Africa’s agenda for the ongoing UN climate talks COP21

African Elephants are a key species vulnerable to the effects of climate change.

With current greenhouse gas emission trajectories global warming could produce catastrophic and irreversible damage according to previous warnings by climate scientists. And so, more than 190 countries around the world converge at the Conference Of Parties 21 (COP21) in Paris from next week for discussions that could pave the way for a global agreement on pool actions necessary to reverse the deteriorating impact of climate change. This includes the result of increasing global temperatures - causing rainfall shortages, degradation of soils, degradation of forests, animal and plant extinction, and drought.

The world is seeking an international framework that will replace the Kyoto Protocol and one that makes it possible to accelerate actions against climate change, according to the United Nations.

Due to its geographical positioning, Africa still remains the largest victim of emissions even though it is the lowest emitter continent (contributing less than 4% of global carbon emissions). The African Development Bank (AfDB) has previously announced that if the current emission rates continue, adaptation to climate change will cost Africa about US$20-30 billion per year in the next 10-20 years. As the talks kick off, a lot is expected from the regional leaders to put the continent's agenda into consideration in reaching an agreement.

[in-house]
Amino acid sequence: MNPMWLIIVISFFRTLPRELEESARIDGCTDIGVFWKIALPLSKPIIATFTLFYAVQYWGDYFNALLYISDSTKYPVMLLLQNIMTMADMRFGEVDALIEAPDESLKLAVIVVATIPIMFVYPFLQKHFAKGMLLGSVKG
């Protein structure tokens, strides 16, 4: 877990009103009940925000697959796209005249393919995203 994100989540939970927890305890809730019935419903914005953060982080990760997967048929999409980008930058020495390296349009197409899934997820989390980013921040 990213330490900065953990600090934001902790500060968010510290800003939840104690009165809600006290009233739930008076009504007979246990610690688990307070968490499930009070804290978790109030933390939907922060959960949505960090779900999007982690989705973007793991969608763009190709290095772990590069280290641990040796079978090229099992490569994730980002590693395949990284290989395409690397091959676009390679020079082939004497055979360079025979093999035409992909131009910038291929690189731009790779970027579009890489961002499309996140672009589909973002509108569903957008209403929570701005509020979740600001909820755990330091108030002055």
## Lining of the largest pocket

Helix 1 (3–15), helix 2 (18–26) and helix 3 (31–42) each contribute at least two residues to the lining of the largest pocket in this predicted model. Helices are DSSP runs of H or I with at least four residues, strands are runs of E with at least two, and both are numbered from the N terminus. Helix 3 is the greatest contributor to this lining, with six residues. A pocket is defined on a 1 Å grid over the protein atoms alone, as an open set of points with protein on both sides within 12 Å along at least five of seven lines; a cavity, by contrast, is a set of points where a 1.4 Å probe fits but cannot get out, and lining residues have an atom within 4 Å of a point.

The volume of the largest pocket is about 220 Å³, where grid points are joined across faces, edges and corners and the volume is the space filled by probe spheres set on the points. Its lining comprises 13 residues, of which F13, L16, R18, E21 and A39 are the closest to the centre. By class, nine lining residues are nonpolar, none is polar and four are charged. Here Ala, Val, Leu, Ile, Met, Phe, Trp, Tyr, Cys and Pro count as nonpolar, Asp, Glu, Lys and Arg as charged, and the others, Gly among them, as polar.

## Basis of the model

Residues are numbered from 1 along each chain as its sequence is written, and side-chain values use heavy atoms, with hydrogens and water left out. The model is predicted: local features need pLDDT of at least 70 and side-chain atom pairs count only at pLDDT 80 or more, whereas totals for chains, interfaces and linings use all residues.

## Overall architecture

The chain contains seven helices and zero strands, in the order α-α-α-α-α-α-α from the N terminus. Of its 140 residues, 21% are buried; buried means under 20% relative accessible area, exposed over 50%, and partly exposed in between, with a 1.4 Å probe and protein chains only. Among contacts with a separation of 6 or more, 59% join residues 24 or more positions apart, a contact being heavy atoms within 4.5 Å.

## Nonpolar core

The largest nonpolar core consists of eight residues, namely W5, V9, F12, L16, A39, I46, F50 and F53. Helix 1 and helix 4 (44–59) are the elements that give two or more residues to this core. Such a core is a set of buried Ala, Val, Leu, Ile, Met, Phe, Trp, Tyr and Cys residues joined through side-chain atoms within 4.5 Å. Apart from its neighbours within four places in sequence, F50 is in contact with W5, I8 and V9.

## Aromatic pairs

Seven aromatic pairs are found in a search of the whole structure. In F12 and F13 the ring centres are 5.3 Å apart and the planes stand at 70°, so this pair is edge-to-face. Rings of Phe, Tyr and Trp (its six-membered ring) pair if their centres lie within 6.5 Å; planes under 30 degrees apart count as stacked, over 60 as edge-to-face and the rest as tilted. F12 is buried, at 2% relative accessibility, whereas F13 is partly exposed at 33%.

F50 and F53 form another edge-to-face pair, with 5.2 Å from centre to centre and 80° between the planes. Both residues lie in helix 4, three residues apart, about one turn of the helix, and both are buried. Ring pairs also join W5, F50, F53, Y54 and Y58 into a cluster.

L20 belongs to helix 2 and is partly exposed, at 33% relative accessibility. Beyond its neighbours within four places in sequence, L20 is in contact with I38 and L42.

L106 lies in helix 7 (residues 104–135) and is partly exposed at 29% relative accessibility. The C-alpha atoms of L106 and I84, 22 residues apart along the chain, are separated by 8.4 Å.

African leaders will be very cautious to have their agenda taken more seriously in arriving at a viable agreement, due to their frustrations with previous climate-related agreements. The chair of the African Group of Negotiators Mr. Elhassan Nagmeldin said during an Expert Group Meeting that took place in Addis Ababa in January this year  that Africa was regretting the Kyoto protocol outcomes since leaders from the region had not paid full attention to some of the issues during its penning down. The meeting was organized by African Climate Policy Center (ACPC), a research arm of the ClimDev-Africa consortium. 

Although no bidding agreement will result from the COP21 talks slated to run untill 11 December, resolutions are expected to be ambitious and integral enough to lead the way into penning an agreement (at a later date), whose implementation will see reduction of greenhouse gas such that the global temperature does not rise by 2 degrees Celsius or more before 2100. COP21 follows the partial failures of the Copenhagen 2009 and the fact that the tenure of Kyoto Protocol is about to expire. COP is the supreme decision-making body of the United Nations Framework Convention on Climate Change (UNFCCC).

Image Credit: Climate model predictions for global warming under the Special Report on Emissions A2 scenario relative to global average temperatures in 2000. 

In preparation for COP21, Africa has been gathering for a common voice: through the Committee of African Heads of State on Climate Change (CAHOSCC) to help forge a common goal. In addition, Africa Climate Talks, has been in the forefront of boosting cooperation towards a common goal. Africa Climate Talks will facilitate further discussions on the continent's issues at COP21 through a platform known as the Africa Pavilion